This dark exploration of human cruelty was made possible by the worst bottom-feeding instincts of the book-publishing industry (I’m so proud). When a notorious serial killer comes forward to explain how he committed his murders, safely after the statute of limitations has expired for his crimes, there are no shortage of houses willing to promote it. However, some will question whether his tell-all tells all in Yu Irie’s Memoirs of Murder (trailer here), which screens during the 2017 Japan Cuts Festival of New Japanese Film in New York.
Back when it all started, Wataru Makimura was one of the lead detectives on the Tokyo Strangler case. He still literally carries the scars from his encounter with the killer on his face and his soul. Tragically, he was not just an investigator on the case. He was also a victim. Not only was his partner killed in a booby trap meant for him, his missing sister Rika was presumably the final victim.
Thanks to the Strangler’s elusiveness, the statuette of limitations was eliminated for capital crimes. However, all of his known murders were committed before the change in law took effect. Therefore, when Masato Sonezaki comes claiming to be the killer in a graphically detailed memoir, the police are powerless to arrest him. The smooth talking Sonezaki becomes a media darling, but his transparently phony remorse adds insult to the surviving families’ pain. Several will consider taking the law into their own hands, but the guilt-ridden Makimura will do his best to protect them from their own impulses.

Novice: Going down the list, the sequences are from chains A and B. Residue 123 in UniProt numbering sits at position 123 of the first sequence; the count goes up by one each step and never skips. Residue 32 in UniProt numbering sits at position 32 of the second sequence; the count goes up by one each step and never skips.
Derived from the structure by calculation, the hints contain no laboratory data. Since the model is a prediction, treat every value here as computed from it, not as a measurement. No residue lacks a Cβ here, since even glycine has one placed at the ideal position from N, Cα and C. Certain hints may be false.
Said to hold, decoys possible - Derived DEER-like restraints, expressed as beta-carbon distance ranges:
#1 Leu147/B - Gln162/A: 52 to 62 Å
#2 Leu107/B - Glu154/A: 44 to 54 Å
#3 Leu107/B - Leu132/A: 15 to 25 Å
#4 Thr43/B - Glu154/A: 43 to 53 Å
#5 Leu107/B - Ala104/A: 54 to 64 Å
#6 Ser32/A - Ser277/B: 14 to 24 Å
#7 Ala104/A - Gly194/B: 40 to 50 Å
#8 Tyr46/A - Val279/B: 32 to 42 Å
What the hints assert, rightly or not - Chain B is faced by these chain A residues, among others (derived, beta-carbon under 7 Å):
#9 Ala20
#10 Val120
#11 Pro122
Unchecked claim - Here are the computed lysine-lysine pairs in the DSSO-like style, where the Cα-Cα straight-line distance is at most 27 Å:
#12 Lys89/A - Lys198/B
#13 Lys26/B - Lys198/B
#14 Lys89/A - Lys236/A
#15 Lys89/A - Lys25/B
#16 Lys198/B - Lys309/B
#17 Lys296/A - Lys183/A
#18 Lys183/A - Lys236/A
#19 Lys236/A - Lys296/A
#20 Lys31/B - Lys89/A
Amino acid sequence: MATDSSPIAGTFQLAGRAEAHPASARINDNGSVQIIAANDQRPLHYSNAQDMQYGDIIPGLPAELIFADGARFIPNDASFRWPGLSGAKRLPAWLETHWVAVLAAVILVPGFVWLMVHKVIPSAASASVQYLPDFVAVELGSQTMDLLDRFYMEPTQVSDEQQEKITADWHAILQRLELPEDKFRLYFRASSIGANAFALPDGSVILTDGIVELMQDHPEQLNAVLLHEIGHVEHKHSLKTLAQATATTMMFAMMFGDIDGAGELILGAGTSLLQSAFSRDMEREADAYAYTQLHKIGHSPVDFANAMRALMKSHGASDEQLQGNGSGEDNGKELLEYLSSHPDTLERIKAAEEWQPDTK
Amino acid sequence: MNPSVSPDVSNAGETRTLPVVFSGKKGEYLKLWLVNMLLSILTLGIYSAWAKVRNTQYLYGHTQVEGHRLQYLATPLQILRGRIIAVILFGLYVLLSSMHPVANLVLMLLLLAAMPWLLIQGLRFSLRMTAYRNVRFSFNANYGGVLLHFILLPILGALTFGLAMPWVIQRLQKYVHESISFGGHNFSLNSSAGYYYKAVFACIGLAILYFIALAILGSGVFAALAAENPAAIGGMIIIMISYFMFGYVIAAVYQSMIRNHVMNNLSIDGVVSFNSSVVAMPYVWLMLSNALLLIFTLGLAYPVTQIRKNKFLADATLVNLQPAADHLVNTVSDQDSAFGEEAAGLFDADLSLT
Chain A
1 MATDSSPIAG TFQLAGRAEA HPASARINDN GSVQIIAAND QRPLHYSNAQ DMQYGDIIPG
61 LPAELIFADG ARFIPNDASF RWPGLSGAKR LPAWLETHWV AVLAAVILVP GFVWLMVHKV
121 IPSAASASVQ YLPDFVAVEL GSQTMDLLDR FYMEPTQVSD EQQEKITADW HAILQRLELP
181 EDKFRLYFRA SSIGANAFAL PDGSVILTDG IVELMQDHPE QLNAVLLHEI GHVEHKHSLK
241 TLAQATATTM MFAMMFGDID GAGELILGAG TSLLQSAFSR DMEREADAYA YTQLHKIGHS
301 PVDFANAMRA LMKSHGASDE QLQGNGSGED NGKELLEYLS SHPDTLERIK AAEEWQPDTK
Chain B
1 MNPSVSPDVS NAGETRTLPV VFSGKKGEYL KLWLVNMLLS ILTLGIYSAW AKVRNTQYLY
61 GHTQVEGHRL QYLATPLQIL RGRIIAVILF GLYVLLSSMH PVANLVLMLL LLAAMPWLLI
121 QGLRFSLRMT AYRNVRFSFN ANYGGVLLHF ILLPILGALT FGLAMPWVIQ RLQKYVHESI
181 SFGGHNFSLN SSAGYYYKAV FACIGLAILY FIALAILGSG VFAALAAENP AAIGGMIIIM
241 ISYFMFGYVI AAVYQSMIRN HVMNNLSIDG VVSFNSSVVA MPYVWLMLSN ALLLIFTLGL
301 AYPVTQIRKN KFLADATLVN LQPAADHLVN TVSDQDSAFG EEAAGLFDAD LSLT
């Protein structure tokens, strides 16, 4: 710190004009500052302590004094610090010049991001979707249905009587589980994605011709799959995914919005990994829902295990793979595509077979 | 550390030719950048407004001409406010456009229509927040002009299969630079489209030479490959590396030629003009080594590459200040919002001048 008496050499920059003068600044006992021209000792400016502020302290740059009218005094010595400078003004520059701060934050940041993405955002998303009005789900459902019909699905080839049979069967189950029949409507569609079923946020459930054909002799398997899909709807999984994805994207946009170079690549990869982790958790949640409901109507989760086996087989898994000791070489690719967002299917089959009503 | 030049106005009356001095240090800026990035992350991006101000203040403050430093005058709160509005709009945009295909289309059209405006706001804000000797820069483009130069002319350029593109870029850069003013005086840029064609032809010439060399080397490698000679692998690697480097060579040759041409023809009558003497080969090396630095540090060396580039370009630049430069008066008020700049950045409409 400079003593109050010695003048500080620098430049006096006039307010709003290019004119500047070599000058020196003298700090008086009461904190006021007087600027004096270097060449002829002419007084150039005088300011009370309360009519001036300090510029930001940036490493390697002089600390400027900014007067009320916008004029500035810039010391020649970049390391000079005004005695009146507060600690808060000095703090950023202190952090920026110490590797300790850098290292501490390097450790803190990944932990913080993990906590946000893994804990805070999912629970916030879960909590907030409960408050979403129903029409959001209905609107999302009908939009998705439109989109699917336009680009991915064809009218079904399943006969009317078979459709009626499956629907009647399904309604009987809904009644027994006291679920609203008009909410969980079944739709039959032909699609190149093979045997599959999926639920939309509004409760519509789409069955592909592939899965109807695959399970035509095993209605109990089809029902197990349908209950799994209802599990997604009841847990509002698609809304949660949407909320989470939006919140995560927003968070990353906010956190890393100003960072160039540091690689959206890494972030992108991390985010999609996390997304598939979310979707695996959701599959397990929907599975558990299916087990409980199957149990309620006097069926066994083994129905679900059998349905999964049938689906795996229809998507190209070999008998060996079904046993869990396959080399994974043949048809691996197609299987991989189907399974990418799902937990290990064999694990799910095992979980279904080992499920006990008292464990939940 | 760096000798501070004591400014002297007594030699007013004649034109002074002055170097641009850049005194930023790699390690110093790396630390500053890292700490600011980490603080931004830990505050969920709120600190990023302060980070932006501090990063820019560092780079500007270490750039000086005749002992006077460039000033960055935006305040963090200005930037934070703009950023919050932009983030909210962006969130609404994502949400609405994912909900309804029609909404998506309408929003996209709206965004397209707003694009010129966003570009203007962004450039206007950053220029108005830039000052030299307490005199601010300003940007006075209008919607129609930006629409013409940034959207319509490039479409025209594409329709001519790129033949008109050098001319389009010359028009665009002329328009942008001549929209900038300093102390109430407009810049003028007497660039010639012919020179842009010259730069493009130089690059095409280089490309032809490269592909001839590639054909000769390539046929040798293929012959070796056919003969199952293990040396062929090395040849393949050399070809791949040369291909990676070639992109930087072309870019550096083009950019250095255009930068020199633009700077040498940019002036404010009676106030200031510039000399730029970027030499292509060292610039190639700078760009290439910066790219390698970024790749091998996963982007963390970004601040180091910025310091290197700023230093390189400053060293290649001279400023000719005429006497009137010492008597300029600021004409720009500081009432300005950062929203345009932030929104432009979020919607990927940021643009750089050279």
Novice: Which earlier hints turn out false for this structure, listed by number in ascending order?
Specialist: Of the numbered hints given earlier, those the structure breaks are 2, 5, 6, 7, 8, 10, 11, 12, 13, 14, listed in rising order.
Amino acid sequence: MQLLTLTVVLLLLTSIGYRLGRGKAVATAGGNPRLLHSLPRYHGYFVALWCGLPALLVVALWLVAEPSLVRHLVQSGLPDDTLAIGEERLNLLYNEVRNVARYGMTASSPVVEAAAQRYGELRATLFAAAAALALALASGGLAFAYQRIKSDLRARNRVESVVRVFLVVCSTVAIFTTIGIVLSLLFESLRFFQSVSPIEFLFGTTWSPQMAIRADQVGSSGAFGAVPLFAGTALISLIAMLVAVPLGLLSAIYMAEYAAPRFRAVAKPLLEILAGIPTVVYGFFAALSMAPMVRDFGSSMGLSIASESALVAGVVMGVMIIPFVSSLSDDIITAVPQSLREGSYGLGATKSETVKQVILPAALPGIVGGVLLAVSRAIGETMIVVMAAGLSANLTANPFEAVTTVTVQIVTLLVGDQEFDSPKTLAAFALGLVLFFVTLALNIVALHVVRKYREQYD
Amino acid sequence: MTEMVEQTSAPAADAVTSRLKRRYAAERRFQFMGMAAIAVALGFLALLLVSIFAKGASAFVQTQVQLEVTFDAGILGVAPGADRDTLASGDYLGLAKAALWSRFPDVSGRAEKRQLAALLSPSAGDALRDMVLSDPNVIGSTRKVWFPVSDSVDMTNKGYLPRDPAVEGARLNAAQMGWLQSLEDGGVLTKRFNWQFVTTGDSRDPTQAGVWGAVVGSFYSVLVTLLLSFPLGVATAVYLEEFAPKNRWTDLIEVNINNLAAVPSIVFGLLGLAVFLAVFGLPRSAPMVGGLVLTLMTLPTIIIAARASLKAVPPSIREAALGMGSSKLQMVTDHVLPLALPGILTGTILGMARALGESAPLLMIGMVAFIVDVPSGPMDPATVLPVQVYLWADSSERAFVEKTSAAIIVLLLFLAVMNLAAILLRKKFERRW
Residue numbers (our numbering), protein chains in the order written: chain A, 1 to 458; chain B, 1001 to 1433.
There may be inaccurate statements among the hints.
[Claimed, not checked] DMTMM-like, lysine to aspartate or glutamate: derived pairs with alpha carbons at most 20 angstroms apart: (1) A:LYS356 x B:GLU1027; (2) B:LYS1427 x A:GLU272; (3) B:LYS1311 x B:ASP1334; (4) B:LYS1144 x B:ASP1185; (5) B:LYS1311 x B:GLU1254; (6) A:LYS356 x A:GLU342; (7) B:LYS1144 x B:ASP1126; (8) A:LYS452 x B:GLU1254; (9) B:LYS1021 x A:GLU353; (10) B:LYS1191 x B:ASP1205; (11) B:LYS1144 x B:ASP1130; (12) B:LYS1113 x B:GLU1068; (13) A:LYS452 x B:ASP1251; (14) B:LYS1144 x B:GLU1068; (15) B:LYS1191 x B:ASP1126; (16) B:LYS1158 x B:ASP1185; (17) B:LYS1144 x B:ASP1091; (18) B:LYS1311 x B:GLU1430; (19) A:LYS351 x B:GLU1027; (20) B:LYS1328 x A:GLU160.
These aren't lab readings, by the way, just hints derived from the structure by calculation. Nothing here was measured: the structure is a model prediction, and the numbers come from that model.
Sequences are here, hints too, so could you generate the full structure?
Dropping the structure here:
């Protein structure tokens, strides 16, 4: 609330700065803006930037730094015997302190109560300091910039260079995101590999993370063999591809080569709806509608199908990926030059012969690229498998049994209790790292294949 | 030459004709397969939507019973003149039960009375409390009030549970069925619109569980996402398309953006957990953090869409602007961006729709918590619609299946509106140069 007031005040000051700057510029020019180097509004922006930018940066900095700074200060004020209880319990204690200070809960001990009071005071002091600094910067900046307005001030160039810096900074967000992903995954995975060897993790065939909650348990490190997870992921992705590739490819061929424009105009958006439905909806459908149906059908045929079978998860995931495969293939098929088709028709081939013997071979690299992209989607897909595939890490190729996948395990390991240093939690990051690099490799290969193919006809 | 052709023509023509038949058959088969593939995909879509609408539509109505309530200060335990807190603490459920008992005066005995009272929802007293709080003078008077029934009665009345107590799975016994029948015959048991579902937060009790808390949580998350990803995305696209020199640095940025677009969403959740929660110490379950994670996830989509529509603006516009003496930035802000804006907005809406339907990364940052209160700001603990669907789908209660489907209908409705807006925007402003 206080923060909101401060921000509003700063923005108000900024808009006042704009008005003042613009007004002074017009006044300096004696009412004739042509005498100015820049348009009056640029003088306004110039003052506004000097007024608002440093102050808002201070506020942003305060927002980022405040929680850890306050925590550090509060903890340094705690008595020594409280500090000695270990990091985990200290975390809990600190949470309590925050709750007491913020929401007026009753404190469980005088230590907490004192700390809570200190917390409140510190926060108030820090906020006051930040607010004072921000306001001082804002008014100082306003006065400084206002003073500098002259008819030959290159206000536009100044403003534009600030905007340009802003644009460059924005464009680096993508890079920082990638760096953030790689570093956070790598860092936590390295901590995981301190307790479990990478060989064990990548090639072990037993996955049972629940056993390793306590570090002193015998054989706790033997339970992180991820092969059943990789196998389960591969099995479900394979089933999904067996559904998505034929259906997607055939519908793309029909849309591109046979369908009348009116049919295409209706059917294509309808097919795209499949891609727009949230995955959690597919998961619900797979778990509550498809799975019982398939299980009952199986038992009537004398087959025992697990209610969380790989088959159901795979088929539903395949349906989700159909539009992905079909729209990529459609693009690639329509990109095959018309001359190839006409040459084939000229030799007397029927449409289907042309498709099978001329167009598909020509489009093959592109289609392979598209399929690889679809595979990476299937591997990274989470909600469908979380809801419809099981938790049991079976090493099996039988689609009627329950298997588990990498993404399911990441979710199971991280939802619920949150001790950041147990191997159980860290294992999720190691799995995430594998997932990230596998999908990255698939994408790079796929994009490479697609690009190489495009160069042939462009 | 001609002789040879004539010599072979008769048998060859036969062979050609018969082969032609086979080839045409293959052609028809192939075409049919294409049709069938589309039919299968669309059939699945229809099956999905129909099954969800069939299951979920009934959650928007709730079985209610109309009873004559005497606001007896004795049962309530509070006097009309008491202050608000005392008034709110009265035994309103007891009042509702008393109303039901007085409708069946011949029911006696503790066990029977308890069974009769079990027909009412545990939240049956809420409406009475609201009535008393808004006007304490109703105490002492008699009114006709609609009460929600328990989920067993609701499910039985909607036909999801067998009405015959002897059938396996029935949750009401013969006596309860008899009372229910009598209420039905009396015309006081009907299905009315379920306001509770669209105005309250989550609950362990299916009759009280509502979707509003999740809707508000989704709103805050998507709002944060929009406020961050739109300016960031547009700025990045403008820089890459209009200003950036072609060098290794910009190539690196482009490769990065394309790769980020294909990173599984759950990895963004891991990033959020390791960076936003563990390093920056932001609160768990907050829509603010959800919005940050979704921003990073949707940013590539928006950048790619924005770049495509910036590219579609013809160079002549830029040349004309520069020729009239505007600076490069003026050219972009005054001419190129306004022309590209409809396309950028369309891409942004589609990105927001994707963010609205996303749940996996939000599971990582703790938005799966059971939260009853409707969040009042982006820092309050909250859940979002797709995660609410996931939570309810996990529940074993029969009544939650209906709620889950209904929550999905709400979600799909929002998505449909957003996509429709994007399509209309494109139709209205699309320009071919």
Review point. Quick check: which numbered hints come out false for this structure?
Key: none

By the way, a twist will come, which viewers will know if they have seen the original Korean film, Jung Byoung-gil’s Confession of Murder, which Irie has remade. However, he added an additional sinister revelation that takes the Japanese remake into even darker places. Reflecting Jung’s action roots, Confession was structured around several white-knuckle thrill-ride chase sequences, whereas Memoirs is a darkly twisted exercise in psychological suspense. Both films accomplish their goals with lethal effectiveness.
Hideaki Ito’s Makimura is a perfect hard-nosed, square-jawed Japanese analog for Jung Jae-young, which is high praise indeed. As Sonezaki, Tatsuya Fujiwara does some of his creepiest, clammiest, and most surprising work since appearing as Light Yagami in the original Death Note movies. Plus, Toru Nakamura ratchets up the intensity as Toshio Sendo, the respected journalist who hosts their television showdown.